Sacramento is being anti-police
Re “Sacramento City Council decisions creating crisis in the Police Department” (Soapbox, March 24): Thank you, Sheriff Scott Jones for standing up for the Sacramento Police Department against the mayor and City Council. It needed to be said.
My experience as a cop in Sacramento was a good one. When I started every kid down to age 5 flipped us off. By the time I retired, every kid up to age 16 asked for a sticker or an autograph. Way to blow that good community work, Mayor Darrell Steinberg and crew. Still proud of the department, though, and always will be.
David Topaz, former president,
Sacramento Police Officers Association
Cops are answerable to public
Re “Sacramento City Council decisions creating crisis in the Police Department” (Soapbox, March 24): Scott Jones doesn’t seem to understand the meaning of “public” or “servant.” The Sacramento Police Department is a public investment. That means they are to perform their duties at the behest of the public and, ultimately. are to be held accountable to those investors and their elected representatives.
I am not surprised by the sheriff’s stance. Jones is an a proud supporter of the Trump administration, which defends the control police have over communities of color. Frederick Douglass said in best: “He was cruel enough to inflict the severest punishment, artful enough to descend to the lowest trickery, and obdurate enough to be insensible to to a reproving conscience.”
Rebecca Sharad, Sacramento
McClatchy students still waiting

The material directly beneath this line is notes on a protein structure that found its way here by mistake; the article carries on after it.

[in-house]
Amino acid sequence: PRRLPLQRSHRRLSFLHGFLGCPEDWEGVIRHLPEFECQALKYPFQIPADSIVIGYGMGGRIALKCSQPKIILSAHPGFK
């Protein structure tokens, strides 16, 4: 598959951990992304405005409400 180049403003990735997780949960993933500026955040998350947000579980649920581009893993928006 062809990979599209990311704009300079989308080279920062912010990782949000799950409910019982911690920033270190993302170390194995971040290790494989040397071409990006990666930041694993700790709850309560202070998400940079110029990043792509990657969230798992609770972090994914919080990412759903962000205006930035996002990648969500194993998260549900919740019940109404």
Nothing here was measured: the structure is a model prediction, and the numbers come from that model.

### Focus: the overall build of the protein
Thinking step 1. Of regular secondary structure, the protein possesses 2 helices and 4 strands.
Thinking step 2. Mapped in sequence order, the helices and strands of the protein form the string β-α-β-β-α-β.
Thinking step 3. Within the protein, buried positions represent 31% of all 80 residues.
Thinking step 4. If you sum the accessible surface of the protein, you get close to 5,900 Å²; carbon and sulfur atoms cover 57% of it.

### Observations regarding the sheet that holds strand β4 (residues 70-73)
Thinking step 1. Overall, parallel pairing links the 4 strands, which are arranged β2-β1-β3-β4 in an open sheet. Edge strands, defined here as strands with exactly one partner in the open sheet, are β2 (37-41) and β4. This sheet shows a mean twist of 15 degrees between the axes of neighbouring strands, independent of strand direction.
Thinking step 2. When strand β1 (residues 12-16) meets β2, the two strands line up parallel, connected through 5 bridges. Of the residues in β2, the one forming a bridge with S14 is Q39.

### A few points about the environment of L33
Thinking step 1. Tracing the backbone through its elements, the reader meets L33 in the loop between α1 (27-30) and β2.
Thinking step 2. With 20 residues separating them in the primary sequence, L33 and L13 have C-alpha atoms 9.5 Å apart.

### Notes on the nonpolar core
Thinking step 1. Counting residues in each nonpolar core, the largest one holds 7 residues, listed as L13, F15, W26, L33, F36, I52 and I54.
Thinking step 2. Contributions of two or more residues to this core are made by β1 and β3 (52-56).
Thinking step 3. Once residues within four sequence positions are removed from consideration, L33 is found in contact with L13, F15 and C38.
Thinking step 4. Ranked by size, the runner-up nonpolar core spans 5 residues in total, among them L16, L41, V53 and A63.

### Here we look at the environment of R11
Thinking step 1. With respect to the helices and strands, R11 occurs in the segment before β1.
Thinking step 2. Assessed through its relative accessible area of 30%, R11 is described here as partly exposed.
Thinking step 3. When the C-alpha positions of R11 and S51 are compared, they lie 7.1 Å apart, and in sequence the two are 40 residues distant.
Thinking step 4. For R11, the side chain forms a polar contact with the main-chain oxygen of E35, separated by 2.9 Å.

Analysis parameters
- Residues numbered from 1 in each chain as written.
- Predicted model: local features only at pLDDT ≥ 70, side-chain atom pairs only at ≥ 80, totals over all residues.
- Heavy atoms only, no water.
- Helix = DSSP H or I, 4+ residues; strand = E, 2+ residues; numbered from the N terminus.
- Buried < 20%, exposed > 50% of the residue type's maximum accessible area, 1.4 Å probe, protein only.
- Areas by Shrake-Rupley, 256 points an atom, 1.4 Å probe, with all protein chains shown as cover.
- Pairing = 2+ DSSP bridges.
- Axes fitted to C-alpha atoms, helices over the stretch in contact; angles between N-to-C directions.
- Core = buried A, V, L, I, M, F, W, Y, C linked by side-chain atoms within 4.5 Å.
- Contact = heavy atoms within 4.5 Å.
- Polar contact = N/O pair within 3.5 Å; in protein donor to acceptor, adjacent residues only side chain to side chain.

Re “McClatchy High boosters say district must improve its long-neglected fields” (Page 3A, March 22): For many years, McClatchy High School has waited for the Sacramento City Unified School District to improve the athletic fields on campus. Sports teams use them, as well as students in physical education classes.
The three administrators who attended the Restore the Roar Public Forum this week all made excuses, but no promises. Meanwhile, Rosemont High School has a realtively new $1.97 million outdoor sport center. Maybe it’s time for administrators who visited McClatchy to seek employment elsewhere.
Art Taylor, Sacramento
Is football really source of ALS?
Re “Another sobering reminder of price NFL players pay” (Page 1C, Mar. 21): The author has jumped to the conclusion that playing football in the NFL led Dwight Clark to be diagnosed with ALS. However, Clark only “suspects” the disease may be linked to football. Professional football has undoubtedly caused brain damage in a number of players, but most people who contract ALS have never played the sport.
Wes Hill, Carmichael
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